Sunday, November 7, 2010


Muybridge 5
Muybridge  began 12 years of work at the University of Pennsylvania, Philadelphia, in 1884.  The most significant product of this period was the lengthy 11 volume collection titled Animal Locomotion: an electro-photographic investigation of consecutive phases of animal movement (1887).   This is the work for which Muybridge is most famous. 

It contains humans and many animals moving in almost any manner imaginable.  Some viewers detect a whiff of voyeurism in this allegedly scientific research that sometimes recorded nude men and women, usually solo, that were working, playing, boxing, walking down stairs and running across sets, elaborately filled with banks of cameras, at 12 frames per plate.

And this brings the discussion back to the current retrospective of Muybridge’s work.  The celebrated issue is not the disputed provenance or the utility of the science, but the importance of the art of motion.  Typically this collection would be staged at the Smithsonian or MIT in the USA, or at the Science Museum or the National Media Museum in England.  Instead, it is touring some of the most prestigious art museums in the western world because the organizers are asking us to consider Muybridge as an artist. 

In addition to his landscapes and commercial work, Muybridge produced over 20,000 stop-action images that made it intriguing and easy for any viewer to appreciate the natural beauty of human (and animal) motion.  Prior to the application of Muybridge’s ingenious techniques, only a few artists had the talent to reproduce this vision of motion, and none could agree on the exact gait of a galloping horse.   Recently archivists meticulously examined the original working prints, and they found Muybridge sometimes reshot sequences out of order, and other times he deleted key frames.  In other words, he freely edited his work to achieve the final results.  He appears to have regularly considered artistic value over scientific measurement.  Considering this attitude, it is no wonder the cubist studied him.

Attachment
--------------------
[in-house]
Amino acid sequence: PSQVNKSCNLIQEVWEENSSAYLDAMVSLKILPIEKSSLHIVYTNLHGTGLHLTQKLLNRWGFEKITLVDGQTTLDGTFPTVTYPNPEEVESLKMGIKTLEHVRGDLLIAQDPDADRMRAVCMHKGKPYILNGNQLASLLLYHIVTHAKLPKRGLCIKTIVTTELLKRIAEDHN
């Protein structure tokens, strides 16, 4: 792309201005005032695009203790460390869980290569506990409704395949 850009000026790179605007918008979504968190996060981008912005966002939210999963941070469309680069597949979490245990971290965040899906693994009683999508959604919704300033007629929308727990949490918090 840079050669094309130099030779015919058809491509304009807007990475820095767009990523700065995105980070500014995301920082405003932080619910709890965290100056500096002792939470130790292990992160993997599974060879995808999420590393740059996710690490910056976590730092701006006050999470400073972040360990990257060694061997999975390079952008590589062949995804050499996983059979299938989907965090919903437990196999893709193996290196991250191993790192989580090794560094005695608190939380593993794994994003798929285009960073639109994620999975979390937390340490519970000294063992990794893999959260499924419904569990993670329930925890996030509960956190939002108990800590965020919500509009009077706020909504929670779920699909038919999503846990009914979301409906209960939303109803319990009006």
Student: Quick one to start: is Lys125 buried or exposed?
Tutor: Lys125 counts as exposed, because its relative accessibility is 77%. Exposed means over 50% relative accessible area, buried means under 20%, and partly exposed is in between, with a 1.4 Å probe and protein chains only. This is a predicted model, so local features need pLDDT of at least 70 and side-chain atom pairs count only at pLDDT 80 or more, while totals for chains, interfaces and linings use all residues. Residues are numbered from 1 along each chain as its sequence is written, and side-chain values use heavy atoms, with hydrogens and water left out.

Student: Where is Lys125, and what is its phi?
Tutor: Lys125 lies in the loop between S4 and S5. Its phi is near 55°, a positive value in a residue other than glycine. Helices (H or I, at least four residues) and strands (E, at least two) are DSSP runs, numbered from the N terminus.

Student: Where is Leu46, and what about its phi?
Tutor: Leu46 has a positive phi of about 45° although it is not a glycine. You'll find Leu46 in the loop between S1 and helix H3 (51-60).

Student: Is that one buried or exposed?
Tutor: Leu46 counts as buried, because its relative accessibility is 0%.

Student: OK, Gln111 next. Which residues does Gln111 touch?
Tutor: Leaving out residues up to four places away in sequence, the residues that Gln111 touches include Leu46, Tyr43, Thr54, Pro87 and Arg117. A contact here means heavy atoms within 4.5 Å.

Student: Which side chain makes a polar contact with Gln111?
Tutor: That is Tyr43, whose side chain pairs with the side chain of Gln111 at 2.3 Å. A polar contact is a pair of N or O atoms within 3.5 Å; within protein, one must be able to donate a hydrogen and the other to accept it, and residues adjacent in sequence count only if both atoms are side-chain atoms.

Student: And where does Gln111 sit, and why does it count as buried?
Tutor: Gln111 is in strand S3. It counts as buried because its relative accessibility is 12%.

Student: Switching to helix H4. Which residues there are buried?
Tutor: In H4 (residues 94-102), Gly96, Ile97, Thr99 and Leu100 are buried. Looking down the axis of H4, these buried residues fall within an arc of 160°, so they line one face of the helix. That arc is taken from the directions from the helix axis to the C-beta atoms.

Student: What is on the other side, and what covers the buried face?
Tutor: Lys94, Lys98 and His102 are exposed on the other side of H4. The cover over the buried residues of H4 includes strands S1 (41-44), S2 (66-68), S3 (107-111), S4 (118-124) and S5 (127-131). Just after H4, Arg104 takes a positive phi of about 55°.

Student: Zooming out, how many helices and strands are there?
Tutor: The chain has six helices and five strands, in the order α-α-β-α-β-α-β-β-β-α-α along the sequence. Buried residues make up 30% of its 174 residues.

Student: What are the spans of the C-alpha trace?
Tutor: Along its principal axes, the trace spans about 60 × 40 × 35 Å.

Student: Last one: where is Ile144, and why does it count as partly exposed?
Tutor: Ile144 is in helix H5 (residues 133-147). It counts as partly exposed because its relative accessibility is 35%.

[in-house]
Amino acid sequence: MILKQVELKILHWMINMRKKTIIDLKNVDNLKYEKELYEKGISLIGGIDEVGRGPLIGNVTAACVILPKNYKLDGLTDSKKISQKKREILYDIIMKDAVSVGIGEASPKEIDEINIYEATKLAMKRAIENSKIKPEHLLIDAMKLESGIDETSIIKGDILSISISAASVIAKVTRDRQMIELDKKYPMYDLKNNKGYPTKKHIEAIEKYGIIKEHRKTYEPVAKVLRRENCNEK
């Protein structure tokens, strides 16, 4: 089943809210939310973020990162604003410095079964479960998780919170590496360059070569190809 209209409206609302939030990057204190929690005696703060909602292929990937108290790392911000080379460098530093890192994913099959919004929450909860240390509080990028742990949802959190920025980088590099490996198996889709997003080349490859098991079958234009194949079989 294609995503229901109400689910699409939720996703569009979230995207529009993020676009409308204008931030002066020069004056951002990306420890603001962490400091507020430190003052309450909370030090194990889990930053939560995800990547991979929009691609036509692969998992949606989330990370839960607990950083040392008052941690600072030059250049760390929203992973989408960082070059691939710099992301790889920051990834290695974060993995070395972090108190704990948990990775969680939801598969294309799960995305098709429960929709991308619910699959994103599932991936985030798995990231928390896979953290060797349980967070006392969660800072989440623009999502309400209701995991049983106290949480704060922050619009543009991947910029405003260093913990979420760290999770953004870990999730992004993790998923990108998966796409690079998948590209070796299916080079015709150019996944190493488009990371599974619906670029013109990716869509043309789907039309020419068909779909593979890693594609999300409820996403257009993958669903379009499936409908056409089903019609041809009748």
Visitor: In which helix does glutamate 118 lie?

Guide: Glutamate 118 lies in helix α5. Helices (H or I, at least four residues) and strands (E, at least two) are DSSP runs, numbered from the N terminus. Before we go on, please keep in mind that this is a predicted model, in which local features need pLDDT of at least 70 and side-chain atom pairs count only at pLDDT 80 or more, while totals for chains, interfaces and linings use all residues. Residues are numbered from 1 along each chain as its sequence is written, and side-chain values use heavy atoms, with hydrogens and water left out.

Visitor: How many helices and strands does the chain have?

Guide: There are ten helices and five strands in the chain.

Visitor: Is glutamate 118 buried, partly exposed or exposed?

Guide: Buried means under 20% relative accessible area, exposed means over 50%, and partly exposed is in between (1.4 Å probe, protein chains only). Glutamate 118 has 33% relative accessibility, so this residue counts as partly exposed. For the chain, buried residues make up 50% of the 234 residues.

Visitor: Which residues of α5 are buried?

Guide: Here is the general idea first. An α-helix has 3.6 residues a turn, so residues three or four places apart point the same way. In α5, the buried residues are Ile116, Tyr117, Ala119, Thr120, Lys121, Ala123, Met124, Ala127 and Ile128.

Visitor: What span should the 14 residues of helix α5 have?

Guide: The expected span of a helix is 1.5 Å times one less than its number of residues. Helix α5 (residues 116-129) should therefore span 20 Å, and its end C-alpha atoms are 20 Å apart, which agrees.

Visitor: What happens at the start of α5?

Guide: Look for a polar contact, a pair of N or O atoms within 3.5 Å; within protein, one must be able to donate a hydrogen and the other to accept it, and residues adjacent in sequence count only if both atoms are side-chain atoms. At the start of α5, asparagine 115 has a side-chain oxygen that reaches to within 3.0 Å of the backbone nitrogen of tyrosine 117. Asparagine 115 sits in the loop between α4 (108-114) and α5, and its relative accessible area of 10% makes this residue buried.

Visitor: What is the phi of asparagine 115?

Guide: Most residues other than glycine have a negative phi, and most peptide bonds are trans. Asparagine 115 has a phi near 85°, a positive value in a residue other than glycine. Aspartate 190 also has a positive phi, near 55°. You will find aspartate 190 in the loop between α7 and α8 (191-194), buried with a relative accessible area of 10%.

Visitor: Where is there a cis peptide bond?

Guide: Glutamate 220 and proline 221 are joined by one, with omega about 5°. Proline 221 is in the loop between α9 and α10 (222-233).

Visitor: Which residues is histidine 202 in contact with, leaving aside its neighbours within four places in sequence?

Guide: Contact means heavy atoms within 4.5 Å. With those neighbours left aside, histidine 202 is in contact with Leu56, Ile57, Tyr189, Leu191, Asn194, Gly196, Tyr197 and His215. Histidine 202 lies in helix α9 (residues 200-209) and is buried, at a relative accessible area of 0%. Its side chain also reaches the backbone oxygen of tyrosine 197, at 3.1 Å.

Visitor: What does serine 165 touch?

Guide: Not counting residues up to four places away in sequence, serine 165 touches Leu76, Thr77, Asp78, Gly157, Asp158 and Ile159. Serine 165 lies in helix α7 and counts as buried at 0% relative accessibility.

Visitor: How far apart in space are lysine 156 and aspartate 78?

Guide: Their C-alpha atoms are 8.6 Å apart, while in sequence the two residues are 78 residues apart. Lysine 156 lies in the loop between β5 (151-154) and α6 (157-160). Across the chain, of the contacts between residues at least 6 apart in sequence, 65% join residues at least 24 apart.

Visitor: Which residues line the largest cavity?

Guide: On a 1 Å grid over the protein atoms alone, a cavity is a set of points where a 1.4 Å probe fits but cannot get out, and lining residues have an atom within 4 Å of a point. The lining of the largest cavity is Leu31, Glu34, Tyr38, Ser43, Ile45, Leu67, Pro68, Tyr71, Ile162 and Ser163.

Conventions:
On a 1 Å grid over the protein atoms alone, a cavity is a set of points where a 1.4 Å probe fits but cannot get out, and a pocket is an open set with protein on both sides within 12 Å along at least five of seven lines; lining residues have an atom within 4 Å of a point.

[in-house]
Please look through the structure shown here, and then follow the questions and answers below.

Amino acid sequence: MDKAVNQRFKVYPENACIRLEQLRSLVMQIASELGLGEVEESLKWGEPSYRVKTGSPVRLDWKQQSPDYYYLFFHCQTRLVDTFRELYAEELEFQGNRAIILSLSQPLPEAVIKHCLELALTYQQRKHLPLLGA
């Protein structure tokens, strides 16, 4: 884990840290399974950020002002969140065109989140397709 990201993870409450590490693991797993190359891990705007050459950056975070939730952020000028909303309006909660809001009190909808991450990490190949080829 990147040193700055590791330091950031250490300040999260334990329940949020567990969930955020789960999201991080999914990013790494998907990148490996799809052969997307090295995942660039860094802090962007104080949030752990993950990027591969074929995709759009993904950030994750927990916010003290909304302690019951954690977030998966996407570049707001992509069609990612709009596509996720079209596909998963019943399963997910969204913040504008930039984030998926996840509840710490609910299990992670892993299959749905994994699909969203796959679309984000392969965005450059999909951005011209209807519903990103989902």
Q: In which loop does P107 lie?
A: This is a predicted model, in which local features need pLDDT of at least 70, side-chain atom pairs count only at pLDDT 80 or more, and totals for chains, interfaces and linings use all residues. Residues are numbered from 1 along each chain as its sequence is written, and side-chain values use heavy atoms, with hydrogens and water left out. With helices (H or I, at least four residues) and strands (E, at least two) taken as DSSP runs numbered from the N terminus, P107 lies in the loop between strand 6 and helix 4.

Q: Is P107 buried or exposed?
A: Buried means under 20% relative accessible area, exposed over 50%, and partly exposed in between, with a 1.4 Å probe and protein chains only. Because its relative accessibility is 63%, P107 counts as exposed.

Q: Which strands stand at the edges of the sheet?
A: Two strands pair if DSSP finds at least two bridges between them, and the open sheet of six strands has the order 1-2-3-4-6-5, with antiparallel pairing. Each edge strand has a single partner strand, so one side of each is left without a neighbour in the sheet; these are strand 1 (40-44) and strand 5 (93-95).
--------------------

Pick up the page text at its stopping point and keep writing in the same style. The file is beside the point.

For me this notion is most apparent in the above illustration, 12 panels from 1878.  Number the frames from top left,1, to bottom right,12.  Number 1 is as smooth as a start can be in the middle of a sequence of frozen motion.  2-3 display how famously a horse can fly as it transitions from “pulling” with fore quarters to “pushing” with hind quarters.  In 3-5 the horse looks rather stocky, and in 9 it could be mistaken for a large dog.  The most graceful frames are 10 and 11, where the single hoof on the ground, really the finger tips, is approximately perpendicular to the straight leg line.  Finally, in 12 it is the horse that stopped the motion instead of the photographer.  Who else but an artist would choose to end the series with this simple silhouette.

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